Skip to main content

CBR5 #7: They Fought Like Demons: Women Soldiers in the Civil War by DeAnne Blanton and Lauren Cook

As you all know, I'm an avid Civil War buff, and am always on the lookout for a new and interesting slant on things. They Fought Like Demons focuses on women who disguised themselves as males to join in on both sides of the conflict. Though primary sources and also reported anecdotal evidence, the authors demonstrate the methods and motivations of women in the Civil War trenches.

This definitely reads more like an academic paper than a book, but that's okay. The authors managed to cram in an amazing amount of facts and research into a fairly small amount of space. A lot of it was fascinating, though there were sometimes SO MANY facts that it got a little hard to follow or in a few spots a bit repetitive. 

The only thing I found a little questionable was the authors' adamant denial that any of these women (even the ones who lived as men both before and after the war) were lesbians. While I see their point, which is that women had so few options at the time that some might choose to continue to live as men because they preferred a more independent lifestyle, I think it's a bit silly to think that none of them would be what today would be referred to as "transgendered". In all, it's an excellent piece of research on an overlooked area of history.

Comments

Popular posts from this blog

CR3 #30: The First Wives Club by Olivia Goldsmith

I saw the movie of The First Wives Club before I read the book. It's a cute chick flick, in which scorned women take comedic revenge on their former spouses. They become better friends and everyone winds up happy in the end. I was somewhat surprised (though not much--the differences between film and literature are often wide) at how different the book was--I am used to changes in plot or small character changes (combining two characters into one, or perhaps changing to a more pleasant ending) but the major change here between novel and movie was the tone.

The story is basically the same; After a close friend's suicide, three middle-aged female friends get together and beginning reviewing their lives. They realize that much like their late friend, they have been screwed over by the men in their lives--the men used them to get to their high social and financial positions, then screwed them over both personally and financially. The three women decide to use their wits and their co…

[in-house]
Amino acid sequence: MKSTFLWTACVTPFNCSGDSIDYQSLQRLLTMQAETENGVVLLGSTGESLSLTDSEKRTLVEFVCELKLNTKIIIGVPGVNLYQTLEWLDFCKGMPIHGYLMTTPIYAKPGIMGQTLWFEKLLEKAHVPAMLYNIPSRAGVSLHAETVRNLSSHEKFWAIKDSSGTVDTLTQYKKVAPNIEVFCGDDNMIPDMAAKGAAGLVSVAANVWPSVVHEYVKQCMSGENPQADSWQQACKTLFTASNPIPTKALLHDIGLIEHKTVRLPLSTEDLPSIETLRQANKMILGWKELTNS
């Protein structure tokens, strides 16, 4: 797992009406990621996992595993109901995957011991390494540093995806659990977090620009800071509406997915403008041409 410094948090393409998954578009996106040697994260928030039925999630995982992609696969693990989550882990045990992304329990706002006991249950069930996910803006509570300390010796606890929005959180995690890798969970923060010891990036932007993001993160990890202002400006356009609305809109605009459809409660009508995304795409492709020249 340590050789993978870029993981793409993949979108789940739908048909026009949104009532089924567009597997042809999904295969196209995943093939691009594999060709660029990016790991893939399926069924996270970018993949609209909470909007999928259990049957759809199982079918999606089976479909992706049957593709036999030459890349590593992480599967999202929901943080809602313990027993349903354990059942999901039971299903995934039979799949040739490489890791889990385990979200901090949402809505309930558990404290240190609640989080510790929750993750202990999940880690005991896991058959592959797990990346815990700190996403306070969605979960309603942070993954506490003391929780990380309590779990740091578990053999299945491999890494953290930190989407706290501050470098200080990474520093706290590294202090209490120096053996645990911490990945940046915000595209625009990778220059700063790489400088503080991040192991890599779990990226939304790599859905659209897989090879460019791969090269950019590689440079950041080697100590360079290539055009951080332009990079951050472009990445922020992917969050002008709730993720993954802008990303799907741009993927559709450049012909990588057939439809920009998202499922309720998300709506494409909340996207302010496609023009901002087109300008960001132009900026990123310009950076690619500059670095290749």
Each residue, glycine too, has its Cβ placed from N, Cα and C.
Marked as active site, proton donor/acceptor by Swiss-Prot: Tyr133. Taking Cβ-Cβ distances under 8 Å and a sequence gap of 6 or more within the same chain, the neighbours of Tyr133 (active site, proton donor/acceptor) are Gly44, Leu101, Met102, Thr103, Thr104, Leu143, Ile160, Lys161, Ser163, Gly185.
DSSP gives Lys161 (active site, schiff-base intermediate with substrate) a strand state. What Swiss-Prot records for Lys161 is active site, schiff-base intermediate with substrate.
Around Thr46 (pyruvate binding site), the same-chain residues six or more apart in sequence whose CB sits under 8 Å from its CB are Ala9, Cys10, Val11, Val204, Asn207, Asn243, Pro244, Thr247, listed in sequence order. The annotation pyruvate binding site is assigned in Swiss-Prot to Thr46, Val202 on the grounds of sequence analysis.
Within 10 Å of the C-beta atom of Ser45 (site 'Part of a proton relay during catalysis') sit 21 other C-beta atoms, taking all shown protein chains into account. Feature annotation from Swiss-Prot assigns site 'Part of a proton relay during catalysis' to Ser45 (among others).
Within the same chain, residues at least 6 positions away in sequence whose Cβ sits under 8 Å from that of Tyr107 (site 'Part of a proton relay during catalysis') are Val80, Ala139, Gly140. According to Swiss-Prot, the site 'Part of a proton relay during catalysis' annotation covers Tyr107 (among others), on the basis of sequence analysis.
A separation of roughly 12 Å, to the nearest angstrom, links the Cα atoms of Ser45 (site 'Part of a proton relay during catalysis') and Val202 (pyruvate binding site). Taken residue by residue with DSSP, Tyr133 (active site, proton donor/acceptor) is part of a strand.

CR3 # 17: Mount Misery by Samuel Shem

Mount Misery is the sequel to Samuel Shem's first book, House of God (review here). It follows Dr. Roy Basch as he leaves the House of God and moves to psychiatric hospital Mount Misery to begin his psychiatric residency. Unfortunately, it turns out that psychiatrists are just as crazy, confused, and often detrimental as medical doctors. As Dr. Basch cycles through the various sectors of the hospital (talk therapy, admissions, Freudian Analysis, drug therapy) he is horrified to discover that it seems everything he is being taught is not only wrong, but potentially dangerous. He begins to fall into terrible patterns of behavior, mirroring the problems his patients are having. Each area is worse than the last, with one doctor who thinks the best way to treat is to be aggressively hostile, one who cares only about insurance premiums and efficiency, one who treats with silence and "regression," and one who thinks the only viable treatment is to pump every patient full of exp…

CBR9 #6: Crystal Flowers: Poems and a Libretto by Florine Stettheimer

I love traveling alone, and one of the things I like to do on my trips is go to museums. I just dig learning things I didn't know, I guess. The problem--when it comes to cities I've visited before--is that I have often already seen the better-known museums. And when it comes to New York City, I've worked my way through MOMA, the Met, the Museum of Natural History, the Guggenheim, and several of the other most well-known institutions. So this last time I visited, I decided to branch out and visit a couple I'd never heard of before.

One of the three museums I visited on my last trip was The Jewish Museum of New York City. Now before you ask, I'm not Jewish. But like I said, I enjoy learning things, and this museum just happened to be near the location of a theater where I was going to be seeing a show in the afternoon.

It was a Friday afternoon in August, and when I arrived, I was informed that due to renovations, only one exhibit would be open. I was disappointed, b…